Zebra Danio Fish Guide Life, Types, Tank, Diet, and Breeding
By Eddie Waithaka @aquariawise
Zebra danios are favorite fish of many freshwater aquarists because they are virtually indestructible. They belong to the minnow family and are hardy, active and perfect for beginners. And a great addition to any community tank.
Danios are beautiful swimmers with striped black and white zebra patterns. They are also true shoaling fish, so keep them in groups to best enjoy their aesthetics.
The fish are native to the Himalayan region and are sometimes called zebrafish or Danio rerio.
Their name is derived from the five uniform, pigmented, horizontal blue stripes on the side of their bodies which are reminiscent of a zebra’s stripes.
However, zebra danios have been used to make genetically modified variants with types that express green, red and yellow fluorescent glo commercially available.
That said, in this zebra danio guide, we are going to discuss everything you need to know including types, life, feeding, breeding, how to care for and so much more.
Zebra Danio Fish Overview
- Common Names: Striped danio, Zebra danio, Zebrafish, Danio rerio
- Origin: Eastern India, Himalayan Region
- Size: 2 inches
- Lifespan: 3 to 5 Years
- Minimum Tank Size: 10 gallons
- Tank Level: All levels
- Water Conditions: 64°F to 74°F, ph 6.5 to 7.0, Hardness 5 to 12dGH
- Care Level: Easy, Beginner
- Temperament: Peaceful, social, schooling, good community fish
- Breeding: Egg layer
Zebra danios are a species in the minnow family with stripes across the body that extend to the end of the caudal fin.
Pure males are torpedo-shaped with golden lines between the blue stripes and females have larger, whitish bodies with silver stripes.
Zebrafish can grow up to 2.5 inches, but in captivity, they average 1.5 inches.
The fish are native to the streams in South-Eastern Himalayan regions which include part of India, Pakistan, Bangladesh, Nepal, and Myanmar. In the wild, they prefer low flow streams with a sandy substrate but also inhabit canals, ditches, and ponds in rice fields.
Danios are naturally omnivorous primarily feeding on zooplankton, insects and insect larvae. They, however, feed on other food types including worms and small crustaceans and adults even eat brine shrimp.
Zebra danios are hardy fish and are considered good for new hobbyists. They are quite playful plus cheap and broadly available as well.
Preferably, keep them in shoals of six or more regardless of whether you house them in a species tank or community aquarium.
Raise your danios in the aquarium water with a temperature anywhere from 67°F to 72°F and a pH of 7.0 to 7.8..
Moreover, they can live in a wide range of tank sizes, but it’s better to house them in at least a 10gallon aquarium.
Zebrafish are egg layers, with rapid breeding and a female body that will generally balloon when filled with eggs. Interestingly, mated pairs will remain together for life and rarely spawn with other danios even if their mate dies.
Behavior and Temperament
Zebra danios are mostly peaceful but can occasionally be fin nippers. They’ll behave fiercely when not in the company of many fish but when in a community, they typically remain calm.
In fact, zebra danios are sometimes used as dither fish to calm down other fish that may be nervous since they’re constantly swimming.
They also are highly social and normally swim together in sizeable shoals. And these little swimmers do get exceptionally active and fast.
The social behavior is usually extended to other fish species hence zebra danios will live in harmony with a host of fishes. Its however not unusual for them to chase lower-ranking fish if there is enough space in the tank.
You’ll also want to avoid keeping zebra danios with fish that have long fins especially if you have known nippers. They sometimes feel compelled to bite the conspicuous fins or tails.
Occasionally, zebra danios will open their mouth wide, elevate their fins and make conspicuous wavy motions to express aggression.
Lastly, avoid putting danios in overly cramped tanks since they get quite frustrated and anxious. As well as add a couple of hiding spots using either live or plastic plants for your danios to get away when overwhelmed.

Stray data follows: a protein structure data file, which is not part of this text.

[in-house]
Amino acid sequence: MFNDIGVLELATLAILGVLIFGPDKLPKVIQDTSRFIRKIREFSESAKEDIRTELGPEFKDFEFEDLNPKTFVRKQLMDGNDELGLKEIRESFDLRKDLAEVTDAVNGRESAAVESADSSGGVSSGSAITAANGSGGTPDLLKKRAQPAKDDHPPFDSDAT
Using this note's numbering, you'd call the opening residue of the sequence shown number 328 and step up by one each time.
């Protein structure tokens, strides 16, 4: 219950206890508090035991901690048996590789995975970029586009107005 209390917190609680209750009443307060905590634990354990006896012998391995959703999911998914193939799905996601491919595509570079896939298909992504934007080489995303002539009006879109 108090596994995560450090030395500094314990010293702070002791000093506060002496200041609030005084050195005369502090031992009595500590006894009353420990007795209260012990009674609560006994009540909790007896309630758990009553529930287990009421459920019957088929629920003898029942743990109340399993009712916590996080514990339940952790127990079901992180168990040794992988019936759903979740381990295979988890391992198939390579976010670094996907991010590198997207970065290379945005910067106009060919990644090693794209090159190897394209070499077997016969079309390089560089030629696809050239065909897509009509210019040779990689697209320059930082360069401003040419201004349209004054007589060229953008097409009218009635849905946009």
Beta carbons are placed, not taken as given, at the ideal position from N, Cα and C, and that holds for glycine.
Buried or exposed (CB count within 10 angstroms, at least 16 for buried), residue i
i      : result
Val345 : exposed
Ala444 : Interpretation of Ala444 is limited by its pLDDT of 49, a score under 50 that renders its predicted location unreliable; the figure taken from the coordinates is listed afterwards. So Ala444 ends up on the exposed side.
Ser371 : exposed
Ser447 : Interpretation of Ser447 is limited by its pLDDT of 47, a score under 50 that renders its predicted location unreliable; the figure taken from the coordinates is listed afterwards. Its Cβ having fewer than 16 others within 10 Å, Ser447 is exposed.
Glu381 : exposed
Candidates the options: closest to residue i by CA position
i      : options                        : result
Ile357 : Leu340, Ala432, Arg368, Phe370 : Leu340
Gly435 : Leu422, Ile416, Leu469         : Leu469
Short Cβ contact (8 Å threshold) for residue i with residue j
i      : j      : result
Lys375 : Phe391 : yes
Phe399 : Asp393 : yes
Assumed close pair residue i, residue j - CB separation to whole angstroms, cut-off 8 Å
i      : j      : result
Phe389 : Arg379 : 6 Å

Zebra Danios Lifespan
Zebra danios while living in an aquarium or fish pond have a lifespan of around 2 to 3 years, though, in ideal conditions, this may extend to over five years.
Spawning is induced by temperature and the fish embryo develop rapidly with all major organs appearing within 36 hours of fertilization.
Juveniles grow fast, mostly from an inch to about two inches in as little as four months and in about a year you should be able to max them out.
Unfortunately, like most freshwater aquarium fish, zebra danios don’t reach adult size when stunted by poor aquarium keeping techniques.
Danio Fish Types
There are dozens of selectively bred zebra danios today with a variety to suit different tastes. Therefore, it’s not exactly possible to place danios in groups.
However, some of the best-known danio fish types include:
#1— Golden Zebra Danio
This is a striking color variation of the zebra danio. It’s fairly small but quite conspicuous.
It has the dark blue stripes of the normal zebrafish but fairly bred out leaving it embellished with yellow-golden and white stripes.
#2 — Zebra Danio
In the aquarium, you’ll recognize its attractively striped black and white zebra patterned body. It is one of the oldest and pure danios to be kept in an aquarium and also the most popular in the family.
#3 — Dwarf Spotted Danio
This danio is smaller than a zebra and rarely grow more than an inch and a half hence suitable for smaller tanks.
Dwarf spotted danio is truly beautiful with the looks of multiple danios combined; stripes, dots and a fine net of dorsal scales lined in soft grey.
#4 — Giant Danio
The giant danio grows to a maximum length of four inches making it one of the largest of the danionins. Its characterized by a blue and yellow torpedo body with grey and clear fins.
If your danio is likely to be aggressive, the giant danio is an obvious culprit.
#5 — Pearl Danio
Pearls grow to a maximum length of two inches and live to five years which is considerably longer compared to an average of three years among all danionins.
The fish could have a brownish-yellow, pink or silver body and two light yellow to white or blue to red stripes.
Female pearl danios tow pairs of barbels.
#5 — Rosy Danio
At a glance, a rosy resembles a pearl danio, but without the yellow stripes on the side. Normally, it has a rosy coloration along the lower part of the body and lower fins and gleams purple-blue in light.
The rosy danio is also called purple passion danio.
#6 — Longfin Zebra Danio
The longfin is a variant that has been bred specifically for its long flowing fins.
This beauty reaches only about an inch and a half.
The longfin, however, does get pretty confusing because it’s eerily similar to other longtails variants like the longfin leopard danio that is spotted.